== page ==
Places in Time
The ALICO Building: A Long, Tall Texan
By: John Young, Waco Tribune-Herald
When Artemas Roberts founded the Amicable life Insurance Co. in 1910, he wanted a building that would stand the test of time. He got more than he bargained for.
There it stands at Fifth and Austin, the reference point for Waco, austere yet bold. It was Texas' first skyscraper and the state's tallest building for a time. It reigned over Waco's business district when the downtown was the core of civic fusion. There it stood stoically, with but a few shattered windows, after a tornado gouged out the heart of the downtown district.
When the building was completed in 1911, it was hailed as the symbol of Waco's future, just as the Suspension Bridge over the Brazos was a symbol of its past. Though in its 75th year, the ALICO building remains a symbol of the future in many ways.
Why did Waco get Texas' first skyscraper? Because Roberts projected Waco as a commercial giant. Maybe he wanted his skyscraper to be the first on the block.
"I think Roberts saw Waco was a very progressive community, successful in the cotton industry, with a lot of influential people he could attract as investors and policyholders," said Thomas Westbrook Jr., senior vice president of American-Amicable Life Insurance.
Having been chosen as the site of Texas' first skyscraper thrilled the city, as if it had been anointed with a new destiny, and the building became Waco's focal point.
At first it was to have had 20 floors, but when Roberts found out the Adolphus Hotel in Dallas also would have 20 floors, he upped it by one. The builder of the Adolphus also decided to go up to 21, and so Roberts added a 22nd floor, making the ALICO building the tallest one south of the Mason-Dixon Line for a few years.
However, the two most important stories in the building were not those on its top but those at its bottom. Contractors Sanguinet & Staats sought to construct as indestructible building, and did so by digging 40 feet into the ground, down to solid rock, to begin laying the foundation. Then with the use of massive steel H-beams the building sprang up, boldly proclaimed as sturdy enough to sustain a "hurricane load."
Then on May 11, 1953, a bully came knocking on ALICO's door.
At 4:36 p.m. a tornado made a direct hit on downtown Waco, so intense and massive no one downtown could detect its shape as it crashed into the city. Arriving from the south, it seemed to head right for the ALICO building and then veer west, as if body-checked by the tall and mighty structure.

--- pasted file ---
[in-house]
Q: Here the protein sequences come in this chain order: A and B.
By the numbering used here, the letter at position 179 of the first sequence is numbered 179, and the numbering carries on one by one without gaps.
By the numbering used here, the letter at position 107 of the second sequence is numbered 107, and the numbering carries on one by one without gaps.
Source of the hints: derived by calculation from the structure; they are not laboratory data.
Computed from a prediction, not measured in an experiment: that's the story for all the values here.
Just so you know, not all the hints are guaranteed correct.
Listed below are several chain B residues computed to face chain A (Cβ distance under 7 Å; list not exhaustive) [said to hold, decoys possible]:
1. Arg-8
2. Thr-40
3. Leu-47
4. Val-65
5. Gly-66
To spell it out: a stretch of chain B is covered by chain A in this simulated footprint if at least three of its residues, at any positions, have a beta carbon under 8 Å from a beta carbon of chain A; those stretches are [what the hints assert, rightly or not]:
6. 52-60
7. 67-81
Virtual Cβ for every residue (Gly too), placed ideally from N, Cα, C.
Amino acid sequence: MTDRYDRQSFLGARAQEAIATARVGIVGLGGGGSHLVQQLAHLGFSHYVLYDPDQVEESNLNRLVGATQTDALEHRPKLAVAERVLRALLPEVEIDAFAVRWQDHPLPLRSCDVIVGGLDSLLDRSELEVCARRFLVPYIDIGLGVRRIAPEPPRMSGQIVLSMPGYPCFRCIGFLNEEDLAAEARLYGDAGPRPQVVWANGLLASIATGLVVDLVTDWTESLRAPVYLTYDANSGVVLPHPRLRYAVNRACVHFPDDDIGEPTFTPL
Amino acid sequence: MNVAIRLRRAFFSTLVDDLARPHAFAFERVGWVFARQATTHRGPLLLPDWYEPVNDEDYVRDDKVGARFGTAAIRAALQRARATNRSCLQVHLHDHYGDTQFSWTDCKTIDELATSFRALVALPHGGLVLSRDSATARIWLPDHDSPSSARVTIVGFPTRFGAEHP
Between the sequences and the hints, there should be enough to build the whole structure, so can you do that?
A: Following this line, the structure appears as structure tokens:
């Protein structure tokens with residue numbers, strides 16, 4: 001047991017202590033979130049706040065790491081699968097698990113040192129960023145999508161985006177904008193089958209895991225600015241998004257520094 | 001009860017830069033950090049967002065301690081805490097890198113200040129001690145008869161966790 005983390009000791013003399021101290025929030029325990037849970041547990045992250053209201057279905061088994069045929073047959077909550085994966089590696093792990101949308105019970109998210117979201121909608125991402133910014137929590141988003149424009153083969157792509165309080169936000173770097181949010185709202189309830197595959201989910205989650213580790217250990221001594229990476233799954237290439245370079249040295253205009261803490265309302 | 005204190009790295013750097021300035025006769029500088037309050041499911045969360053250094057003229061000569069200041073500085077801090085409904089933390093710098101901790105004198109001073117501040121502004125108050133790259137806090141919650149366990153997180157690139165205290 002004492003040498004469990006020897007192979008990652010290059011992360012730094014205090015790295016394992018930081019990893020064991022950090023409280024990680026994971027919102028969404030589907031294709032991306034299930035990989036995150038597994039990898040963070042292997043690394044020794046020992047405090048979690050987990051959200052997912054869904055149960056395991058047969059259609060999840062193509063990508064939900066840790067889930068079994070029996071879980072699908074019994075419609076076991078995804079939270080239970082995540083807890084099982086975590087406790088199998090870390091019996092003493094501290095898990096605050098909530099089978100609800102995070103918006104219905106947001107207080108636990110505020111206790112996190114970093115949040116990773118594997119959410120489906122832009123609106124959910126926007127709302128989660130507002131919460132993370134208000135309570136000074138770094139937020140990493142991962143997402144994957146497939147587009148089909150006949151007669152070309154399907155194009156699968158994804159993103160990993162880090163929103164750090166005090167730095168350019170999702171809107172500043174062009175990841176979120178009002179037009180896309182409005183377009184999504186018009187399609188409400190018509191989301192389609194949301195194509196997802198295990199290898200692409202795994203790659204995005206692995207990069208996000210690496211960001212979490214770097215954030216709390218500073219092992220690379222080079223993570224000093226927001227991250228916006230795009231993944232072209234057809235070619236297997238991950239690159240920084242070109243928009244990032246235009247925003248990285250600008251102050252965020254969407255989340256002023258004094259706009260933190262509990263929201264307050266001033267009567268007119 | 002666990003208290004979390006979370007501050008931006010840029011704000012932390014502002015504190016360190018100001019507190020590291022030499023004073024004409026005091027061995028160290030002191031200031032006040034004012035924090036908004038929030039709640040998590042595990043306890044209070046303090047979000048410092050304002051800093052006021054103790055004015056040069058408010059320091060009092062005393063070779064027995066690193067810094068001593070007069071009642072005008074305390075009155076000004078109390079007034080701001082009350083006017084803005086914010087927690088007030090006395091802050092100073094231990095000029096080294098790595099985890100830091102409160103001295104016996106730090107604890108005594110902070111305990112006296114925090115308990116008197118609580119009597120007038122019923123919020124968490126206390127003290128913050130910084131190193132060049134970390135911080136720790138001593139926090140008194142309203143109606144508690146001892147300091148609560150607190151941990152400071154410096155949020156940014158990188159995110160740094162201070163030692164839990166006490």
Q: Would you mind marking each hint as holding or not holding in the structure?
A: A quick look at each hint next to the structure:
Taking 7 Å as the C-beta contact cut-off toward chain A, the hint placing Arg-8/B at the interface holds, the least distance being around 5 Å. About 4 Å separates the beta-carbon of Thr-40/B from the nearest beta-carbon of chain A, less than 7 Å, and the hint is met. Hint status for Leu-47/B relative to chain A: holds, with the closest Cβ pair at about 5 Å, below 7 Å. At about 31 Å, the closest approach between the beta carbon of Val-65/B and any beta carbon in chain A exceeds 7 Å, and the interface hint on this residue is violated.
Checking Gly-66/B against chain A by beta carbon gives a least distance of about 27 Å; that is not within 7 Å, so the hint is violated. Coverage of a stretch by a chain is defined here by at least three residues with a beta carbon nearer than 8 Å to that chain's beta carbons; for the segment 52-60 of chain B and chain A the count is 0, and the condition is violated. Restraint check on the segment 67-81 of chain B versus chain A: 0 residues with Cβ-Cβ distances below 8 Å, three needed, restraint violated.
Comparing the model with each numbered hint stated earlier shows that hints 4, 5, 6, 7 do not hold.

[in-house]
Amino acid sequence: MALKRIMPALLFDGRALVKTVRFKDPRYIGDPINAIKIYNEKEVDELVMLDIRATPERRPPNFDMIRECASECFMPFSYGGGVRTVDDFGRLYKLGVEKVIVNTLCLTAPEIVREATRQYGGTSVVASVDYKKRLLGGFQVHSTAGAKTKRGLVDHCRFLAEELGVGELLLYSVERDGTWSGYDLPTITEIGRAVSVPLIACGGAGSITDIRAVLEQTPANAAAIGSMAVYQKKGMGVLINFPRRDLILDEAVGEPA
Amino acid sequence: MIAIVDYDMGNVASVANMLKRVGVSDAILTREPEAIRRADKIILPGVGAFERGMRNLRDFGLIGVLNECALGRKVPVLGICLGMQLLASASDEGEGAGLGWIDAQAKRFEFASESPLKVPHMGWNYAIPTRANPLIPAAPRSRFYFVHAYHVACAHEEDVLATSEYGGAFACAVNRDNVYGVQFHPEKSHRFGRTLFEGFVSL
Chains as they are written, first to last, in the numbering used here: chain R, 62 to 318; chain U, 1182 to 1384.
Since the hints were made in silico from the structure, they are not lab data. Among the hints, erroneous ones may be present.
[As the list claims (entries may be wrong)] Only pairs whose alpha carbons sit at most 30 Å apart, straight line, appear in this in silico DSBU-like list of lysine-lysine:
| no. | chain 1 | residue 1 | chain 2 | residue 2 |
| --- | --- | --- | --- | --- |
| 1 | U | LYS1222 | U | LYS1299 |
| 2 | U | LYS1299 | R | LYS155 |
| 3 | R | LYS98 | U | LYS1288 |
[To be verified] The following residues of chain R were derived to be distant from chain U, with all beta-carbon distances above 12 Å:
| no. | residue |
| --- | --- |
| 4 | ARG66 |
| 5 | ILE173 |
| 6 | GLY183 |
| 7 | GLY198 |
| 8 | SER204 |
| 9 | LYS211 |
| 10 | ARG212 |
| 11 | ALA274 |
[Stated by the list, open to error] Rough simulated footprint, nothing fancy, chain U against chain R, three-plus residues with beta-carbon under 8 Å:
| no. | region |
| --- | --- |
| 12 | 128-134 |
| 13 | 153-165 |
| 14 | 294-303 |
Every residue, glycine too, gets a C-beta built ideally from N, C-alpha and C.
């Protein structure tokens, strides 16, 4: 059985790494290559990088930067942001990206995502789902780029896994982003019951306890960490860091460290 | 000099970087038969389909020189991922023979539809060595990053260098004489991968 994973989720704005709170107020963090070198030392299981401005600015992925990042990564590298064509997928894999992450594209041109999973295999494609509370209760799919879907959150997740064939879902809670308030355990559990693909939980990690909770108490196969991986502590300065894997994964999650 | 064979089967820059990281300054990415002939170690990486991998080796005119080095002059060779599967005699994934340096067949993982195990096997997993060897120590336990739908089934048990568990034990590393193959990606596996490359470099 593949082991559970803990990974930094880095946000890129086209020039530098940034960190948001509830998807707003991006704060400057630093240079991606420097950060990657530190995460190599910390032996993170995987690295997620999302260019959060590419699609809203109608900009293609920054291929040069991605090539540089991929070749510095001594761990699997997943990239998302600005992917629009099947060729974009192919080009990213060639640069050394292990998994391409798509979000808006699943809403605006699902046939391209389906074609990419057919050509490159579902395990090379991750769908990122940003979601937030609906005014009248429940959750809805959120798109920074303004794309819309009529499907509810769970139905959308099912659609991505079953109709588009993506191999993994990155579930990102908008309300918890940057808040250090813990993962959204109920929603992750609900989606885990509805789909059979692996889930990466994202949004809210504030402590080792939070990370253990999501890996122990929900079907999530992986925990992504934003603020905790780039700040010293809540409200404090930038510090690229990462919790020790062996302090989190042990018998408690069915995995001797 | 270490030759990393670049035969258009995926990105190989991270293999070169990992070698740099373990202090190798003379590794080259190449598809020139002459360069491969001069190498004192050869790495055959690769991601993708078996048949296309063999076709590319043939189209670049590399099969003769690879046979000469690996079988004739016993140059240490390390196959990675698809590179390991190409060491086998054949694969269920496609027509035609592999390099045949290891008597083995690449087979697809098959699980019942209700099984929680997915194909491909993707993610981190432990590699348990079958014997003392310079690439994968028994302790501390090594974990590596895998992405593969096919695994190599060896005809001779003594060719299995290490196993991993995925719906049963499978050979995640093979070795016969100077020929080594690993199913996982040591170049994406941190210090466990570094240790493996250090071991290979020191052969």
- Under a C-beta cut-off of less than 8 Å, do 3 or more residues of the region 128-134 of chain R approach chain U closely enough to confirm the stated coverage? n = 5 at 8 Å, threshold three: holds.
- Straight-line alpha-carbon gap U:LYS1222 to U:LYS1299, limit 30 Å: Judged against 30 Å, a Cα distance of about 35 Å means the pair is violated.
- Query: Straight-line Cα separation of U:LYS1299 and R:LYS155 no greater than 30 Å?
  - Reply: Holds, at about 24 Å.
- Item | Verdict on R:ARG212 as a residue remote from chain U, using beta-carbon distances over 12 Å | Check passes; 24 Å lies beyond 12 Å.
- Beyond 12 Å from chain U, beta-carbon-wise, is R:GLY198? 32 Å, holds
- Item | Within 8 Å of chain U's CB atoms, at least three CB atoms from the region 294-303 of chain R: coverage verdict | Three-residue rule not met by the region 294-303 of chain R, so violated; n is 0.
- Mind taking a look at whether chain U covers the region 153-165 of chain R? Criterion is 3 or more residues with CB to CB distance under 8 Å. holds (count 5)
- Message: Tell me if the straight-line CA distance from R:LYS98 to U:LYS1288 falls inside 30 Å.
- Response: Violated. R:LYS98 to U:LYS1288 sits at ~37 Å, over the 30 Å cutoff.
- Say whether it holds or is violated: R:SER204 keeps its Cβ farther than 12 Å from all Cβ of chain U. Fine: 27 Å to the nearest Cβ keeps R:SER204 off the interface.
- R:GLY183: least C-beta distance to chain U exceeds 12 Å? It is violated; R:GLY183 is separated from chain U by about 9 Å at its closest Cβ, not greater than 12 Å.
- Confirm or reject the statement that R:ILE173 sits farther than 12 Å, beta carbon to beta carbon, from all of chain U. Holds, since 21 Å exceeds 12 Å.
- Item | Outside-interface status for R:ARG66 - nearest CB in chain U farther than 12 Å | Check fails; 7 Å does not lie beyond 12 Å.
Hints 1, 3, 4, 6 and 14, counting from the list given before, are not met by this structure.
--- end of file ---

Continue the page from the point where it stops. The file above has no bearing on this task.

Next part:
As it struck, the building swayed and employees at the top floors were thrown against the walls. Westbrook was there. He remembers one employee had a hand braced against a wall and felt a crack open up between his fingers.
The damage to the building was largely superficial, however, whereas other buildings collapsed for almost a mile over a two-block stretch, including the five-story R. T. Dennis building across Austin Avenue from ALICO.
"It was almost like the tornado had hit our building, bounced off and went another direction," said Westbrook.
In the wake of the tornado, which claimed 114 lives while destroying 150 homes and 196 businesses, the ALICO tower became Waco's crisis center. Having been built with its own generator, it was the only structure in downtown with electricity. From the First National Bank on the ground floor, medical and military officials coordinated search parties and rescue efforts. They spent the next 48 hours there working around the clock.
Like the building itself, the 1953 tornado has become a reference point for downtown Waco, which in many ways is still shaking off the storm's lingering effects as it seeks to restore its vitality.
In 1982 the ALICO tower won its badge of honor when the Texas State Historical Commission designated it a historical landmark.
Meanwhile, changes took place in the company founded long ago by Aretemas Roberts. Amicable Life merged with American Life Insurance of Dallas in 1965 and the company became known as American-Amicable. Gulf Life Holding Co. of Florida purchased American-Amicable in 1968. American General Corp bought the company in January of last year.
The American General operations are to be consolidated in Houston in the next three years. American-Amicable will retain a presence in Waco, but much of the office space now used almost completely by the insurance company, will be leased out. When that time comes, one would think American General will have little trouble finding tenants. The building remains impressive and function as ever. And -- what a view.
Westbrook, who has worked for Amicable since 1947, said its founder built the tower "as a symbol of strength and stability."
Strength? I'll say.
-- January 10, 1985
For more information, contact: John Young • Waco Tribune-Herald •